What might you meet inside the jungle?
Going online is like visiting the jungle. You never know what creatures will show up next. What strange beasts might you meet when you explore the Internet?
A computer critter is a nasty program that causes trouble. Like a large near-sighted rhino, one of these critters can destroy parts or all of your computer.
VirusesThe first use of the term "virus" was in a sci-fi movie!
Viruses can get into your computer in various ways. They wipe out the information on our computers. Like an ostrich, a virus can lay an egg that hatches later.
Then, it reproduces itself and sends copies to other computers before it is found.
A virus might simply show a "Gotcha!" message. Or, it might change your screensaver.
Worms damage files and take up space on your hard drive.
A worm is a type of virus that moves between computers and looks for available storage space. It then reproduces to fill up the disk space and shut down the computer.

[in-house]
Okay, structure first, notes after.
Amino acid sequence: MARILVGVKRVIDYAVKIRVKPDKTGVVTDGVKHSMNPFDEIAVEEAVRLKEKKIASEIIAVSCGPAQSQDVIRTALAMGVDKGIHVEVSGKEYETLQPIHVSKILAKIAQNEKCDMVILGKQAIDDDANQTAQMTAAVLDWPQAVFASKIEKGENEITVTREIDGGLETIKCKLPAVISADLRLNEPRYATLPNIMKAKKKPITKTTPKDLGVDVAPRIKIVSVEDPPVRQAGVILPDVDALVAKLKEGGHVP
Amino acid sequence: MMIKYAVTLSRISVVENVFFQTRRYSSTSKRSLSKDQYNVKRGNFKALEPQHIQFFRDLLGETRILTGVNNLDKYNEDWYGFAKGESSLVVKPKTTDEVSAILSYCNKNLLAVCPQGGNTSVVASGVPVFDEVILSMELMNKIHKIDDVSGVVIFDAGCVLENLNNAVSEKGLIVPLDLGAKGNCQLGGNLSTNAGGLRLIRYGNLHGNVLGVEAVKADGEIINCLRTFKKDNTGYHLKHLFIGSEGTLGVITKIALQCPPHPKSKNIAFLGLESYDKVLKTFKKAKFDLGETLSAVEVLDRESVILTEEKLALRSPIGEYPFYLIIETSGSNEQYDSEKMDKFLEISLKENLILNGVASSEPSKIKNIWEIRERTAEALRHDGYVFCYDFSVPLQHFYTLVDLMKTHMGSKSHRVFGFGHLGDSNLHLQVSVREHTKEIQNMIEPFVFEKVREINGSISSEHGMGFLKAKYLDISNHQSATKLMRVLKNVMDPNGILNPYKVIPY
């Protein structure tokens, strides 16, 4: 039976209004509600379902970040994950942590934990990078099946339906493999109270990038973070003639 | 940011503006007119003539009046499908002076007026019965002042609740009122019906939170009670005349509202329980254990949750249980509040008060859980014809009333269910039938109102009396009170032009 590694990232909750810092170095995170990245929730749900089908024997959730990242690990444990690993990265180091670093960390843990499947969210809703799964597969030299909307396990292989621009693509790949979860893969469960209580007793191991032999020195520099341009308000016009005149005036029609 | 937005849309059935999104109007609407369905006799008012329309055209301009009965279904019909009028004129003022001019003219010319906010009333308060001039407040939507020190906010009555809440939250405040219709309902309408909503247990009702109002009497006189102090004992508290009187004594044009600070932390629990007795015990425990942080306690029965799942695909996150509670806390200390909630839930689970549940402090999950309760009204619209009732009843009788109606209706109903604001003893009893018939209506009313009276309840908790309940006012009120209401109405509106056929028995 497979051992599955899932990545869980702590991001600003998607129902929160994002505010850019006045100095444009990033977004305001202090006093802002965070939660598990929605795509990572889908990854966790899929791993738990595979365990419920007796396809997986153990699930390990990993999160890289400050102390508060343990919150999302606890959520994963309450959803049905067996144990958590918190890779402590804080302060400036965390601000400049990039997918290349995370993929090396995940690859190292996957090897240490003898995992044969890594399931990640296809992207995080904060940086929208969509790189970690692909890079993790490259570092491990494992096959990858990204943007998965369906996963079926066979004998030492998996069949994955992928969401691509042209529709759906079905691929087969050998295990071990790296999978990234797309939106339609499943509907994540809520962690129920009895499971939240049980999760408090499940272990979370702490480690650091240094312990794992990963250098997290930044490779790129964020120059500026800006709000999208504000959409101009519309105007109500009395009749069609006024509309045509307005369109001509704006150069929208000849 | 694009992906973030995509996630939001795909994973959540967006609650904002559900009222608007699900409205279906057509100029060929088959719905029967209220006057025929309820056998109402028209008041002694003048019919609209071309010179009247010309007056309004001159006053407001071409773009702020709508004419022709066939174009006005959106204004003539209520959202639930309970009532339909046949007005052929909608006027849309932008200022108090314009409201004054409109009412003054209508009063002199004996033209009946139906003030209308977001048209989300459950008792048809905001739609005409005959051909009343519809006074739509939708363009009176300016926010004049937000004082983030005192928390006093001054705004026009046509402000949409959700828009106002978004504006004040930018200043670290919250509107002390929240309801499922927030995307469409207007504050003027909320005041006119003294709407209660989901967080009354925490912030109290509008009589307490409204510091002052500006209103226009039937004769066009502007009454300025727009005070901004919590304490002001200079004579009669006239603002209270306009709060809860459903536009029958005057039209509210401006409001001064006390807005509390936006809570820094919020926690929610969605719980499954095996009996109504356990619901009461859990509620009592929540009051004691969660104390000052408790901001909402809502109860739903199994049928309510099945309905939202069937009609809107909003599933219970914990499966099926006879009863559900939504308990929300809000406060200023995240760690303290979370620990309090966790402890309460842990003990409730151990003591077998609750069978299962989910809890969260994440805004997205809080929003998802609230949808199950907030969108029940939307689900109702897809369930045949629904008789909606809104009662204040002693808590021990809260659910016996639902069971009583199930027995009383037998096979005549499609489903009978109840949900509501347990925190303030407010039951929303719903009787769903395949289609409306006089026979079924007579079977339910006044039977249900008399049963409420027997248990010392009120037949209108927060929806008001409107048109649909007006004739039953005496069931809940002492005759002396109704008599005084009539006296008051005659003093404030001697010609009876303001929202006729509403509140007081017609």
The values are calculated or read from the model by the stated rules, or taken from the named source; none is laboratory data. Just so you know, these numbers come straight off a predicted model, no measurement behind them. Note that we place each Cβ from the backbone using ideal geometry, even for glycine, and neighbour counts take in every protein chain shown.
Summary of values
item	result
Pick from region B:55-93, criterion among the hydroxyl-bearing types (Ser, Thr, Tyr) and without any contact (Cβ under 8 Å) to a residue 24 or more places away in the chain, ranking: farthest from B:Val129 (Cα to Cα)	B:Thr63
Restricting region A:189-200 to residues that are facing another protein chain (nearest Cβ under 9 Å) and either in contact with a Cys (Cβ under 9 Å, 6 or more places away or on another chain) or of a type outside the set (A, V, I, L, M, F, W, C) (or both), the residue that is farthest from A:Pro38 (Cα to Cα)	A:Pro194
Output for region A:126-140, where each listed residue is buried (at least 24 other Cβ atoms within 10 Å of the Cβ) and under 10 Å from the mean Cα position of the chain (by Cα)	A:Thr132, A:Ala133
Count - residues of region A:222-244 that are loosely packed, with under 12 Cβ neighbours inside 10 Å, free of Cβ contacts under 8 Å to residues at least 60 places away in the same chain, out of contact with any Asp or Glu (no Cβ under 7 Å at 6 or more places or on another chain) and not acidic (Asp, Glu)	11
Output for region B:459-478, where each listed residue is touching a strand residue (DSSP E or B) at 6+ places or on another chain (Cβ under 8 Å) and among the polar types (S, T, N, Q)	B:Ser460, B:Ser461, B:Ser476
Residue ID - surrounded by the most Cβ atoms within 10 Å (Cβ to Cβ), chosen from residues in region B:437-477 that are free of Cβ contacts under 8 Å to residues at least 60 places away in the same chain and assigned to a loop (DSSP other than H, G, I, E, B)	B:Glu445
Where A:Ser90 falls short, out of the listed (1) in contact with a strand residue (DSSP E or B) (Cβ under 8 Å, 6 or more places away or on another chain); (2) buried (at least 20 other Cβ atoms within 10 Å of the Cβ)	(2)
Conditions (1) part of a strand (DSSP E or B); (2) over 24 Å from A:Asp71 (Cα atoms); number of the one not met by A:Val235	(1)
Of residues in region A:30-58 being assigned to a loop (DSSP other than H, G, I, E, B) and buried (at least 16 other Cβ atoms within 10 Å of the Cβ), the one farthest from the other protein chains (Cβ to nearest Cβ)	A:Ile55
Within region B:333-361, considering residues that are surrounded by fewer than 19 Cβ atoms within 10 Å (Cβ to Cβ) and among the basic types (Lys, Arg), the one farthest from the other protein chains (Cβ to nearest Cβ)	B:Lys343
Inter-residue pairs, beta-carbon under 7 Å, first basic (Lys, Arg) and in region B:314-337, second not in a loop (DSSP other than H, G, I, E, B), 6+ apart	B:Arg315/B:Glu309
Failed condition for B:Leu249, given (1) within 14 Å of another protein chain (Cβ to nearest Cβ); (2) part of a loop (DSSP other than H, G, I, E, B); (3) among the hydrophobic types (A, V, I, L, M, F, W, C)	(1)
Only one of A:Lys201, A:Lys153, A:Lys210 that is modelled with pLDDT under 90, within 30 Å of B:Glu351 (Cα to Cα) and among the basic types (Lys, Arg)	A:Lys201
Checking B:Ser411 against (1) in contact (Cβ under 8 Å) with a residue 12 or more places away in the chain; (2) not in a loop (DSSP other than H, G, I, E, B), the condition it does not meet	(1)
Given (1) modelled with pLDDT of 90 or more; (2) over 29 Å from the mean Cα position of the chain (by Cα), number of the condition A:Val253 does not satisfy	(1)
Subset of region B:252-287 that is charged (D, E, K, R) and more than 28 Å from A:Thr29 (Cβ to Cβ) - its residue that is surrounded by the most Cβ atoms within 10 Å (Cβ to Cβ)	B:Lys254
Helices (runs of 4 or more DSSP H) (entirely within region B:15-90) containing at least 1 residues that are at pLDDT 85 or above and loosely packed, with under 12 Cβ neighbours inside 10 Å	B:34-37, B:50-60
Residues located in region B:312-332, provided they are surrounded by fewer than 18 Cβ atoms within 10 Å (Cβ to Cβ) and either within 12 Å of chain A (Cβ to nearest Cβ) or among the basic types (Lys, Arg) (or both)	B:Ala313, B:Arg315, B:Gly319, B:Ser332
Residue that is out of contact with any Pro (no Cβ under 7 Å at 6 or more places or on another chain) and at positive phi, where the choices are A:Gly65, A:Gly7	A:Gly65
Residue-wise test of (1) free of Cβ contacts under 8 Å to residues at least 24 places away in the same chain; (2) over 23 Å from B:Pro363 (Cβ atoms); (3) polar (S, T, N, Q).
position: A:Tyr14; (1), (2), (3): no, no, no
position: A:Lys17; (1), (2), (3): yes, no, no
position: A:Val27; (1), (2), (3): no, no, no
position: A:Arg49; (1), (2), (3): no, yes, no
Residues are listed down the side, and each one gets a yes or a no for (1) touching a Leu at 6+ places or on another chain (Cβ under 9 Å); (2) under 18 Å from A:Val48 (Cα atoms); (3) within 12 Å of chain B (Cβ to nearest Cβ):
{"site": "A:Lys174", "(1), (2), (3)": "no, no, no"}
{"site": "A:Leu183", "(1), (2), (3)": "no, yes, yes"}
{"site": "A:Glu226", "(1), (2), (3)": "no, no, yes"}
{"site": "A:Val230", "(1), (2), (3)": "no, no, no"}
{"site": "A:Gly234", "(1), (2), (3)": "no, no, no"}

Worms can damage files as well as try to fill up space.
Worms generally come through an e-mail. If you accept and run a wormy program, it sends little wormy files out to everyone in your e-mail address book!
Trojan horses are programs that look safe, but hide something bad inside—probably a worm or a virus. It could be in something you download, like a game or a picture, thinking it's safe. When you run it, the virus gets to work.
A computer virus that is a Trojan horse is a program that looks harmless. Examples are free games or screensavers.
After you download the infected program and run it, the virus is released to do its damage. You may not even know which program was the source of the virus.
Sometimes they only annoy you, but usually a worm or virus will cause damage to your system or try to find personal information.
What's the difference between spyware and viruses?
Another critter that may sneak in from the Internet jungle is spyware.
Spyware is sent to computers without the user's knowledge.
Spyware tries to make money by selling ad space on your computer, or by studying your computer habits (without your consent).
Spyware gets on your computer as part of another program you've downloaded, but you don't know about its real purpose.
Your computer may begin to work very slowly. The spyware is mooching off of your computer speed.
Keep reading to find out what you can do to protect yourself online...